Squire's garden centre in Twickenham celebrated its 50th anniversary last year. Before Twickenham, Squire's was nurserymen and landscape gardeners, with the business started by chairman Colin Squire's father DJ Squire. The site now turns over £6.85m a year and has new electronic point of sale installed by Corby & Fellas. Squire's rebuilt Twickenham in 1992-93 and refurbished in 2012-13 to include Squire's Cafe Bar, designed by Pleydell Smithyman. We spoke to managing director Dennis Espley.
What are the strengths of Twickenham?
The planteria is the big strength of the centre and everything else we sell that's not gardening is still a bonus. Twickenham has always been a strong gardening centre. Two years ago we had a revamp of the centre and restaurant.
What is the local competition?
People don't travel that far in London. It's all about minutes rather than miles. We are truly a local garden centre. That's our theme for all our customers - to concentrate on local and be a part of the community. We don't want to confuse people about us being a destination centre. Badshot Lea is our only destination centre and Shepperton a little so. There's a huge number of garden centres within 10 miles of Twickenham and people don't have to travel, though people do travel here for plants.
The big thing is plants here - they are £1.75m of the total turnover. We sell a lot of truly gardening product. We have a smaller cafe that we don't want to make too big. Because we have a small car park the danger is with too big a cafe there is too long dwell time and people are not spending enough. At busy times of the year the cafe will be full and people will be driving away because they can't get in. We've just extend it slightly because it was too tight and we worked out that was why we weren't doing as well as we'd liked.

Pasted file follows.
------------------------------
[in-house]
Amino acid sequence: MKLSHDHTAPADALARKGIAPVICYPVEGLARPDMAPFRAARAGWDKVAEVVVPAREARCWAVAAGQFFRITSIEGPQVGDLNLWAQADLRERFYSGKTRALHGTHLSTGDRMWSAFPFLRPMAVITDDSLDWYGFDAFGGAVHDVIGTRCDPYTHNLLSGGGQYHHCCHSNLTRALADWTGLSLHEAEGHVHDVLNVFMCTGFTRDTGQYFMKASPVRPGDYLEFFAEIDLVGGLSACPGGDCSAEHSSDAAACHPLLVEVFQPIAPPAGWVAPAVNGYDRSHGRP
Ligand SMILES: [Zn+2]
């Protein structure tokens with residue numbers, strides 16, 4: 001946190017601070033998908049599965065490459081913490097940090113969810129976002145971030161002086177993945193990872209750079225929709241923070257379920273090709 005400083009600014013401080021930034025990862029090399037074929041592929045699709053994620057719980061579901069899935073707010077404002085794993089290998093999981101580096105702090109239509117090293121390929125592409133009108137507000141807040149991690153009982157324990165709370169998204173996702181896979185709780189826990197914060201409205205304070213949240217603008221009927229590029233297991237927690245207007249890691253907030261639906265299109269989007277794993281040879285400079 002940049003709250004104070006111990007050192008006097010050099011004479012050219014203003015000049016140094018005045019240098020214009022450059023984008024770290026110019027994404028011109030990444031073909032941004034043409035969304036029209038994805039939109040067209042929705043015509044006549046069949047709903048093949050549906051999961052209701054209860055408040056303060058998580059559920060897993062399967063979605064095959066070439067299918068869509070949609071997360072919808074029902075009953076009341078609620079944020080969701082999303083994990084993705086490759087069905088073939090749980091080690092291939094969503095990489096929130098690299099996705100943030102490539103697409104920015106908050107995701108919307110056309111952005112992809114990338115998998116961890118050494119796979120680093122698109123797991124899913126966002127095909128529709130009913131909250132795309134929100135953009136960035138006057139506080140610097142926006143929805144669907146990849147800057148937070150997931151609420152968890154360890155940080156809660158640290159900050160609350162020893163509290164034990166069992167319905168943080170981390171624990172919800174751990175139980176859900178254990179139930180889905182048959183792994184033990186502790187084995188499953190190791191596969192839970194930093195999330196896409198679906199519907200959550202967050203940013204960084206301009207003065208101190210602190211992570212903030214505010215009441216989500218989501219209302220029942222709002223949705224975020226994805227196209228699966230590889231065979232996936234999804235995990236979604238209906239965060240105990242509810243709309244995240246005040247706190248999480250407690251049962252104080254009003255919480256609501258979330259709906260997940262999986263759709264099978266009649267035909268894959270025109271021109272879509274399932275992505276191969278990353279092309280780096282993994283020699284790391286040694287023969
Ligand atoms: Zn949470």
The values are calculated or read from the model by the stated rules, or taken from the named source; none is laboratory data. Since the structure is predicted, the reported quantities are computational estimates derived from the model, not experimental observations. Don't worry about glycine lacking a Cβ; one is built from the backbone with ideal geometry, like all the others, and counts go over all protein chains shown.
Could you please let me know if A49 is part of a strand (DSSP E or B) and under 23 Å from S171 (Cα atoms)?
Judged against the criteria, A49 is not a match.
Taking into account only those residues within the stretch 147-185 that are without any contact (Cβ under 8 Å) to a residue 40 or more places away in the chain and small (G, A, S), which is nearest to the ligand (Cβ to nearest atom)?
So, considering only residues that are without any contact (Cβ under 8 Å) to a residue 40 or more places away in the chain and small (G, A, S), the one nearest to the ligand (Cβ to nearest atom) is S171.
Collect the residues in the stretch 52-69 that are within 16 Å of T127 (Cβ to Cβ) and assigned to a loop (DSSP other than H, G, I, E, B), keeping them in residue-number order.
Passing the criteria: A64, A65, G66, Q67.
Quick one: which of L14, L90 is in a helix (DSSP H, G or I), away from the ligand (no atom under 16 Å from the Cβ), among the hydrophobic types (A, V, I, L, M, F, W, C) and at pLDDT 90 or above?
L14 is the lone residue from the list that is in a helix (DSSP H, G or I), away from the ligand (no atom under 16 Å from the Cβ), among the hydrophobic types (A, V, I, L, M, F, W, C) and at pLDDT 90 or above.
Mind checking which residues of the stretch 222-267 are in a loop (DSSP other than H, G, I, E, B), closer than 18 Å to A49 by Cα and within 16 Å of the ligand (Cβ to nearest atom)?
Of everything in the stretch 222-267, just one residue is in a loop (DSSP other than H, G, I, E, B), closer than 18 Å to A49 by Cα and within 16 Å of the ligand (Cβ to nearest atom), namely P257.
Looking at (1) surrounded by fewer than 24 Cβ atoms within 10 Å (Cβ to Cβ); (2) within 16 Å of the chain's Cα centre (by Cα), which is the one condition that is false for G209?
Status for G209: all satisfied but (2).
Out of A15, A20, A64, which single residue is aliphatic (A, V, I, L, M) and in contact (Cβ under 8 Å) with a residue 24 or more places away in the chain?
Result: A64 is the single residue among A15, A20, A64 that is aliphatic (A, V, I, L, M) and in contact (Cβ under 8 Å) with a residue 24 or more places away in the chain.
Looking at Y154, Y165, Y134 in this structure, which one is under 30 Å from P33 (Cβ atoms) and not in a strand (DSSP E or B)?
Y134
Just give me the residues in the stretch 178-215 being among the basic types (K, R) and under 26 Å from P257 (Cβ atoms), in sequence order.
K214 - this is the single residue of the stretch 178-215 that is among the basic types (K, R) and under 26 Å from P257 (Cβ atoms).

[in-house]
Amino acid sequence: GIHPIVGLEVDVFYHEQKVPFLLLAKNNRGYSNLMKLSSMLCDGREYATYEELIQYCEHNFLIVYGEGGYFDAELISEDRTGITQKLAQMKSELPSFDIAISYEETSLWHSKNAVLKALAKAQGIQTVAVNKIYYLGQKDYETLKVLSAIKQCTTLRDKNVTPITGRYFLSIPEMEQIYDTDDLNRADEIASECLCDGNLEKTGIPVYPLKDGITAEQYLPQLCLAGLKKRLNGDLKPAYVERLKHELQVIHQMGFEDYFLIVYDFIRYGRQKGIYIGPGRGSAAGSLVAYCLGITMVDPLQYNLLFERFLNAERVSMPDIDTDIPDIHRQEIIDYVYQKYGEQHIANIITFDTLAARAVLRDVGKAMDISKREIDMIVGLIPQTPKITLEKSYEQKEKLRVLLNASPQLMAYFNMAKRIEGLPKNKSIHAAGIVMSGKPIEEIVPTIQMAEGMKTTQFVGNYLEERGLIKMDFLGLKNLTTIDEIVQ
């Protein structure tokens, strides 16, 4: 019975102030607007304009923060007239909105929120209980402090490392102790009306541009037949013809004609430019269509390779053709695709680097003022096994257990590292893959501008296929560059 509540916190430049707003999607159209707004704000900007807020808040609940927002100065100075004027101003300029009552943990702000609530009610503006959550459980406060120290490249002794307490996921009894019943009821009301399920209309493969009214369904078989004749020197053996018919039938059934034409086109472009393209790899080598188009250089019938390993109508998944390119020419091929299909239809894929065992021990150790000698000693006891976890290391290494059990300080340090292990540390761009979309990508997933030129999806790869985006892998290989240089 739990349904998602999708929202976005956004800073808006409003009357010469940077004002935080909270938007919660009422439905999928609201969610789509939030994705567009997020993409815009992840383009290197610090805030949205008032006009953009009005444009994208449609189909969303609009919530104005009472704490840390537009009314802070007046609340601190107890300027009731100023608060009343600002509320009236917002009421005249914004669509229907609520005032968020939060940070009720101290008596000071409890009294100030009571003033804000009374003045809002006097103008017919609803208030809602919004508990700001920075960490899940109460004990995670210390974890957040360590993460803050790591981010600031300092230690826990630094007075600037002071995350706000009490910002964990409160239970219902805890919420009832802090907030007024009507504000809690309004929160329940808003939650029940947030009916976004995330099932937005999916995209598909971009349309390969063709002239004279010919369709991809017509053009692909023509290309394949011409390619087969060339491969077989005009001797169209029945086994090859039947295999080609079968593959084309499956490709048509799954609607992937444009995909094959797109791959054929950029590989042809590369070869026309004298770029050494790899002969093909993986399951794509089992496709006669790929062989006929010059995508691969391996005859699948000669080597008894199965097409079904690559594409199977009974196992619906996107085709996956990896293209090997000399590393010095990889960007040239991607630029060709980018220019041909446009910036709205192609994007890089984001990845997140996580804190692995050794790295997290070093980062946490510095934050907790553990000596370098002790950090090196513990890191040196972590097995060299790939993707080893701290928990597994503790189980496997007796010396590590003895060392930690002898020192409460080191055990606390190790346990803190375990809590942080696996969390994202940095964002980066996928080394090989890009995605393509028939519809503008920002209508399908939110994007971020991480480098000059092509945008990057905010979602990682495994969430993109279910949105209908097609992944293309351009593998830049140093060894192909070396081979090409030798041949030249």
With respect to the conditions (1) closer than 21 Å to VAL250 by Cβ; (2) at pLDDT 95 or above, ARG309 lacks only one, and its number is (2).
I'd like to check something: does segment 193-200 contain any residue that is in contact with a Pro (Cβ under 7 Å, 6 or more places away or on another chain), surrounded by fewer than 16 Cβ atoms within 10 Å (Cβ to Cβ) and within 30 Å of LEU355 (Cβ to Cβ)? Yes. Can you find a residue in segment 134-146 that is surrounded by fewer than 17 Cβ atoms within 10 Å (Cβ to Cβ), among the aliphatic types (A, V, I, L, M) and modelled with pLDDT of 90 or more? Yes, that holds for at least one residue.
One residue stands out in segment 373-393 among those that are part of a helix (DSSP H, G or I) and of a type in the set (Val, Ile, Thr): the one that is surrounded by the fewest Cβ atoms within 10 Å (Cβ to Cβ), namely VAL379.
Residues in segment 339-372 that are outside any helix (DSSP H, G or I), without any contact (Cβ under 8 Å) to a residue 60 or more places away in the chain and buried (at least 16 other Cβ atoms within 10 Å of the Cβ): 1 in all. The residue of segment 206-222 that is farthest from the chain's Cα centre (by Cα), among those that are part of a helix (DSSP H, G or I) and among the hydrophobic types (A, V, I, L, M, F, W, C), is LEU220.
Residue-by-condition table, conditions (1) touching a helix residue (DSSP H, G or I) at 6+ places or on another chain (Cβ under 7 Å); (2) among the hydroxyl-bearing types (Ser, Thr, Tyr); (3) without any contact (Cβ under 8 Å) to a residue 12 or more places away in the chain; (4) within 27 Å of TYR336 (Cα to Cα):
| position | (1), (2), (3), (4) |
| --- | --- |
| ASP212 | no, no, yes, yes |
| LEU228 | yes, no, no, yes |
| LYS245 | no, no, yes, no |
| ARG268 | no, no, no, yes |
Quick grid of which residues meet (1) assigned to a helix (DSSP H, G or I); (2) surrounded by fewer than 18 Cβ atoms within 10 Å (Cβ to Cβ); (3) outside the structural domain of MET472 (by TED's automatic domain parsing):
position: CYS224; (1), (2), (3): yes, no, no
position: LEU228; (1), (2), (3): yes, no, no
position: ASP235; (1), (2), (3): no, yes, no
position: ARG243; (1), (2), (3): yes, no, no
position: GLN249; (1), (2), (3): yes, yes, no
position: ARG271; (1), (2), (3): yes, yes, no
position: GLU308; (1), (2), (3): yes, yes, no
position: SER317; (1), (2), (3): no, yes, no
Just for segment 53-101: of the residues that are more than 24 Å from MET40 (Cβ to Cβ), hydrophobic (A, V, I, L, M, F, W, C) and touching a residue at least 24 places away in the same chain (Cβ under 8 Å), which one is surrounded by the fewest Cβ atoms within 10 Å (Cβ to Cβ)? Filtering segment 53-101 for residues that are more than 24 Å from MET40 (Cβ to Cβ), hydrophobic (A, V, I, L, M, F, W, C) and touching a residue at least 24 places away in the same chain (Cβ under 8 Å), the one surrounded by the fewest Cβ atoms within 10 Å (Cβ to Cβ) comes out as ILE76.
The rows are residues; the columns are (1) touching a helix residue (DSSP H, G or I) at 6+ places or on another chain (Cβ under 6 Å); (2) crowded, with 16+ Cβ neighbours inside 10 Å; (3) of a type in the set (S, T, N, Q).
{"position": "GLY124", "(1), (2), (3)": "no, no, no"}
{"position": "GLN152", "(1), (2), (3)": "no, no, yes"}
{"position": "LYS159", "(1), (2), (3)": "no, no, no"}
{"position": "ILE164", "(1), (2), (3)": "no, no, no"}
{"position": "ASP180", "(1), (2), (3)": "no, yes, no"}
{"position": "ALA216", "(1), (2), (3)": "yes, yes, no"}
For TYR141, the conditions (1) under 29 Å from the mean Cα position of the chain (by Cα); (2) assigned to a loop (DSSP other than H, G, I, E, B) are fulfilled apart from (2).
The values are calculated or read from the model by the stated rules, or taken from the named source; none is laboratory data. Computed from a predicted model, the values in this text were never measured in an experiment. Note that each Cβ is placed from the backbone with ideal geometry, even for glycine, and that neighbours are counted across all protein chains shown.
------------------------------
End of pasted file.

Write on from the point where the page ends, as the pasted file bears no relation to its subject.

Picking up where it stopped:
What is the history of the Twickenham site?
This was our first purpose-built centre in the 1960s and was very much designed by Colin Squire and had one of the first cafes within a garden centre. We had our 50th anniversary in 2013 and Twickenham was our largest-turnover garden centre for years, and it's now second behind Badshot Lea.
But turnover per square foot is the best in the group and one of the best in the UK. Some big garden centres take the same money. I do see ourselves as garden retailers and not just a leisure outlet. Gardening and plants come first for us and that's the way to maximise footfall. About 25 per cent of sales are plants on this site.
Do you see the centre maintaining its plant sales percentage?
I probably do here because there's not the opportunity to diversify quite as much. The pet area is ours - we had a concession - so we enlarged the pets and aquatics area (in another building), replaced it with craft and extended gifts and the cafe.
What are your plans for Squire's 80th anniversary in 2016?
The 80th will be a celebration, which Sarah Squire will start planning this May. We're at RHS Hampton Court Palace Flower Show again this year with Colin Squire and Ian Hammond designing a garden. We're one of the few original exhibitors who have been at all 25 Hampton Court shows.
How do you promote garden retail as an RHS Council member?
I think what the RHS does is promote gardening as a whole and anyone who does that is good for all garden centres and not just Squire's. Gardening really is good for all - I personally believe that. It's nice to be included, albeit commercially, in something that does good for people's health and well-being.
Do you have an apprentice scheme?